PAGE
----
Have fun with your giveaway!

John J. Horn is a Christian author from San Antonio, Texas. Learn more about John and his Men of Grit series and sign up for his newsletter at

Monday, December 15, 2014

5 Things to do Before You Give Up

Sometimes “The End” is just the beginning. 

When you’re self-publishing, this is especially true.

After the last words have echoed ’round your head, struck a chord in your heart, and flowed through your fingers, you rejoice in reaching a milestone. The impossible has been accomplished! “I Could Have Danced All Night” is setting the rhythm as you brush your teeth after a hard evening’s type. The first draft is finished, and you feel like You Really Are a Writer.

Then come the edits, and probably a few rounds of them. You have major work to do at beta readers’ suggestions. You wonder, “How can Chapter 10 possibly work out if I change this sequence? How can I [insert quandary] without slowing down the pace?”

Once these hurdles are in the past, the cover has to be designed, the interior formatted (see Kelsey’s great post on this here) and the whole project finished off for printing. Then you remember you’re doing the marketing too. What if nobody outside your circle of friends buys the books?

Oh, can you afford the expedited international shipping to get your own copies before Christmas?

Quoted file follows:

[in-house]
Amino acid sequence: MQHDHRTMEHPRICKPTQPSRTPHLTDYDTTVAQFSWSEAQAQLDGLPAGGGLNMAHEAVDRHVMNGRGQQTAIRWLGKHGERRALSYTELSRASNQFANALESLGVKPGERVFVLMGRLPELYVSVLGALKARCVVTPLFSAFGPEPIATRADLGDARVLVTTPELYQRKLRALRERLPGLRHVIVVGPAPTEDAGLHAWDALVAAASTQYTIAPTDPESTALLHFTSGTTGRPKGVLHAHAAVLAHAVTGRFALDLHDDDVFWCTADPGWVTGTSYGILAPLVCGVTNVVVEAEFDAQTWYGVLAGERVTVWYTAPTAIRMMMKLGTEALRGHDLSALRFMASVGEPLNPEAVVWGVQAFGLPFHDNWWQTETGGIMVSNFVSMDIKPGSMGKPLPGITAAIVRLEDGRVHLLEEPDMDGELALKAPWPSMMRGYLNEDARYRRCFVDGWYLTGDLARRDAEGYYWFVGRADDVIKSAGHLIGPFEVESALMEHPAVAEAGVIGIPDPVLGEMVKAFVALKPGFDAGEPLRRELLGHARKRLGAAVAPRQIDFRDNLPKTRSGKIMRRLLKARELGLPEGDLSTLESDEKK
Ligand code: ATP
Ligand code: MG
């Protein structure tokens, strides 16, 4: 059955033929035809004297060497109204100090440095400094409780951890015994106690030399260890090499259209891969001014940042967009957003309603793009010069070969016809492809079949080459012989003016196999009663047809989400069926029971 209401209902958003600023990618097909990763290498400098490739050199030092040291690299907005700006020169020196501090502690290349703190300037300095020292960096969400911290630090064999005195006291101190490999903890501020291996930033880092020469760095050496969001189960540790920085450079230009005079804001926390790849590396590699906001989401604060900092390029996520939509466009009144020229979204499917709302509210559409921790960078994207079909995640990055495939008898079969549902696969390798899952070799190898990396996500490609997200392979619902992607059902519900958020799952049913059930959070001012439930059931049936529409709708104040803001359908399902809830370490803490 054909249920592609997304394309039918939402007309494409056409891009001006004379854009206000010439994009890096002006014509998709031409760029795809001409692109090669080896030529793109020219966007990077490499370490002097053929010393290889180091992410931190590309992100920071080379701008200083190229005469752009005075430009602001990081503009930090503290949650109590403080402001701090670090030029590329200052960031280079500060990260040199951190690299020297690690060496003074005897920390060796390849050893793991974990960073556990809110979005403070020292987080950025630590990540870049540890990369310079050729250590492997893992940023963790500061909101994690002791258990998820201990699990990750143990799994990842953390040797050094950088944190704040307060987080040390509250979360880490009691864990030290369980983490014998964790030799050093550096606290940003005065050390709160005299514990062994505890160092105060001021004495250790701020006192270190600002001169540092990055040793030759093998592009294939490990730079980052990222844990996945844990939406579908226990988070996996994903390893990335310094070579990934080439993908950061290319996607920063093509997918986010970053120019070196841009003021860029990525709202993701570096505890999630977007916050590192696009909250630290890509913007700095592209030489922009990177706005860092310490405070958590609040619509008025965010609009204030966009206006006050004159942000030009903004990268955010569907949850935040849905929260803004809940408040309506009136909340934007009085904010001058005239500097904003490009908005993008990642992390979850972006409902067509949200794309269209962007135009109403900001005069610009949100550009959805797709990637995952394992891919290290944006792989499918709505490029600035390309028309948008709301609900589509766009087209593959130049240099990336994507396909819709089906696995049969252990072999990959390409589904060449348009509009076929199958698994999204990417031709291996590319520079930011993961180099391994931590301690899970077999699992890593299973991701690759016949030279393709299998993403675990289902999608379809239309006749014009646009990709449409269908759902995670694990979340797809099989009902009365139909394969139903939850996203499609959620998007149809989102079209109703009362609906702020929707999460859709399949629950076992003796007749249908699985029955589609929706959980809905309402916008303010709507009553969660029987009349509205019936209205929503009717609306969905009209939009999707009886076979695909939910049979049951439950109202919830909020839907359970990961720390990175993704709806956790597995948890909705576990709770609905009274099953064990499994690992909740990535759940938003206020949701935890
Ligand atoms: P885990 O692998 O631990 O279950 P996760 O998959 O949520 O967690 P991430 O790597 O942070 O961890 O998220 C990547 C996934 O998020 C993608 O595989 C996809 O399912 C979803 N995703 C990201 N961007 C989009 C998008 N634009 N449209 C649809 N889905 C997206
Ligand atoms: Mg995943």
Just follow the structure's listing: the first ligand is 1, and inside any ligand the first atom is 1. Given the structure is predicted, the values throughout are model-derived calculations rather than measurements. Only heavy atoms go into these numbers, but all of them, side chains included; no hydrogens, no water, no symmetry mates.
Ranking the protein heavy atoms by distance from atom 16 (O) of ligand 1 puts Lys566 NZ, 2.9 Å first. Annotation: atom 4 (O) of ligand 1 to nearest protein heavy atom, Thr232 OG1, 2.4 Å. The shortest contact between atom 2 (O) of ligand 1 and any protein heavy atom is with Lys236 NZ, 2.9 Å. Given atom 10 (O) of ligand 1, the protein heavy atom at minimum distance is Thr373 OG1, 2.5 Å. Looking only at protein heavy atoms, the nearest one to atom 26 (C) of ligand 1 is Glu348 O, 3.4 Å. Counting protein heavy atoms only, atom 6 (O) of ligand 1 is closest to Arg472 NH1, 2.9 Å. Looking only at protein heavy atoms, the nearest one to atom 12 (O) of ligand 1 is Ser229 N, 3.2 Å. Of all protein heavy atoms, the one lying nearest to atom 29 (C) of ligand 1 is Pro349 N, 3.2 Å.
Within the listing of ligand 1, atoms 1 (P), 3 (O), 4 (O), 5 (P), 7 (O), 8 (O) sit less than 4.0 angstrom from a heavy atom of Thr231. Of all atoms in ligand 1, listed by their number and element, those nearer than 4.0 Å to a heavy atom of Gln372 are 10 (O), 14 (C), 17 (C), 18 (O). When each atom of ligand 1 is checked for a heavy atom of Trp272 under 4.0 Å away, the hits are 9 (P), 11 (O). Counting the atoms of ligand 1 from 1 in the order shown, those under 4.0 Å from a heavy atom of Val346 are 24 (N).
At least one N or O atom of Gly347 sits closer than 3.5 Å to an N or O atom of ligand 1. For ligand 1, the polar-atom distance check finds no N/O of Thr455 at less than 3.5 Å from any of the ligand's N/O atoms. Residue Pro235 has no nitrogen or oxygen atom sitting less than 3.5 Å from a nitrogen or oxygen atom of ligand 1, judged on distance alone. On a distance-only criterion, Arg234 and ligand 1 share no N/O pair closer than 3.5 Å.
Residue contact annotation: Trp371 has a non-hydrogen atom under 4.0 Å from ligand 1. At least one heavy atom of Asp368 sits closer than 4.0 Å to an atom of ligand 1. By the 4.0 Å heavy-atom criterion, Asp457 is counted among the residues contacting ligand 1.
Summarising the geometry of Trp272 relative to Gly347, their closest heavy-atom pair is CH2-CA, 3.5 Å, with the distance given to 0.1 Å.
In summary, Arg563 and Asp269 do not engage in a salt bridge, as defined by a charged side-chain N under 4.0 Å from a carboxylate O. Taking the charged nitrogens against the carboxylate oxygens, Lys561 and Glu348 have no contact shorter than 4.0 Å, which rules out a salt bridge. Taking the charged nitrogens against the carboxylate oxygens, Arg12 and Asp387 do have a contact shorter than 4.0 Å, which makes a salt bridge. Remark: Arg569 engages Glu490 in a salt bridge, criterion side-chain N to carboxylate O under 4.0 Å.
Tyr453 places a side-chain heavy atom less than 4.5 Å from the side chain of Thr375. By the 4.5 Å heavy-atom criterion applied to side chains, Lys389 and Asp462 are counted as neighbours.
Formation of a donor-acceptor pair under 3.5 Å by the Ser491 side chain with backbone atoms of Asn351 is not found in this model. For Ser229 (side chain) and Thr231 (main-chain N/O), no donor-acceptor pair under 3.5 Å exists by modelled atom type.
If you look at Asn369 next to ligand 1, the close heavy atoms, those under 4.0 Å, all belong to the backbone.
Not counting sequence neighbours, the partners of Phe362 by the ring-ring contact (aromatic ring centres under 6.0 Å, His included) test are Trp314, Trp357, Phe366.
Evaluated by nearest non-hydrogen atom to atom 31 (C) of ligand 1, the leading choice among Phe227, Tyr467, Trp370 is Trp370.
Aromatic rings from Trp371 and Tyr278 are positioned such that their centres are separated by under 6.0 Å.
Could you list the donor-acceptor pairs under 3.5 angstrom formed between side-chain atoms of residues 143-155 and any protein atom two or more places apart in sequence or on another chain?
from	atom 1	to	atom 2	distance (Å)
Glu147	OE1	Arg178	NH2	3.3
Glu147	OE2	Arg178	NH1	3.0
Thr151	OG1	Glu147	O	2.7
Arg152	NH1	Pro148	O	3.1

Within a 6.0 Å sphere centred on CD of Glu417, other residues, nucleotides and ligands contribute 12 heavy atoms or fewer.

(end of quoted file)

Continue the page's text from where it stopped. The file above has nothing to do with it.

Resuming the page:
And that’s when you start to wonder if writing should have stayed a hobby, and whether you should put the muse back in its box and work in a coffee shop until you can figure out what to do next. If that’s you, I have a few suggestions.

1) STOP! Pause your track of thought. You can’t give up simply because the going is tough. Like any activity worth doing, writing gets seriously challenging at times. This is good. It reminds us that we’re not superheroes who can do everything on our own. We need the Lord’s hand on our hand, His will in every matter, and His blessing on every endeavour. A rough road can very effectively bring our eyes back to Him. :)

2) Count your blessings. Has a particular verse been an encouragement to you lately? Has someone offered to help, or taken a kindly interest in your projects? Have you done something for another and been blessed through giving?

3) Give thanks! Gratitude is a great way to be inspired—and it’s obedience in action. (1 Thess. 5:18, “In everything give thanks; for this is the will of God in Christ Jesus for you.”)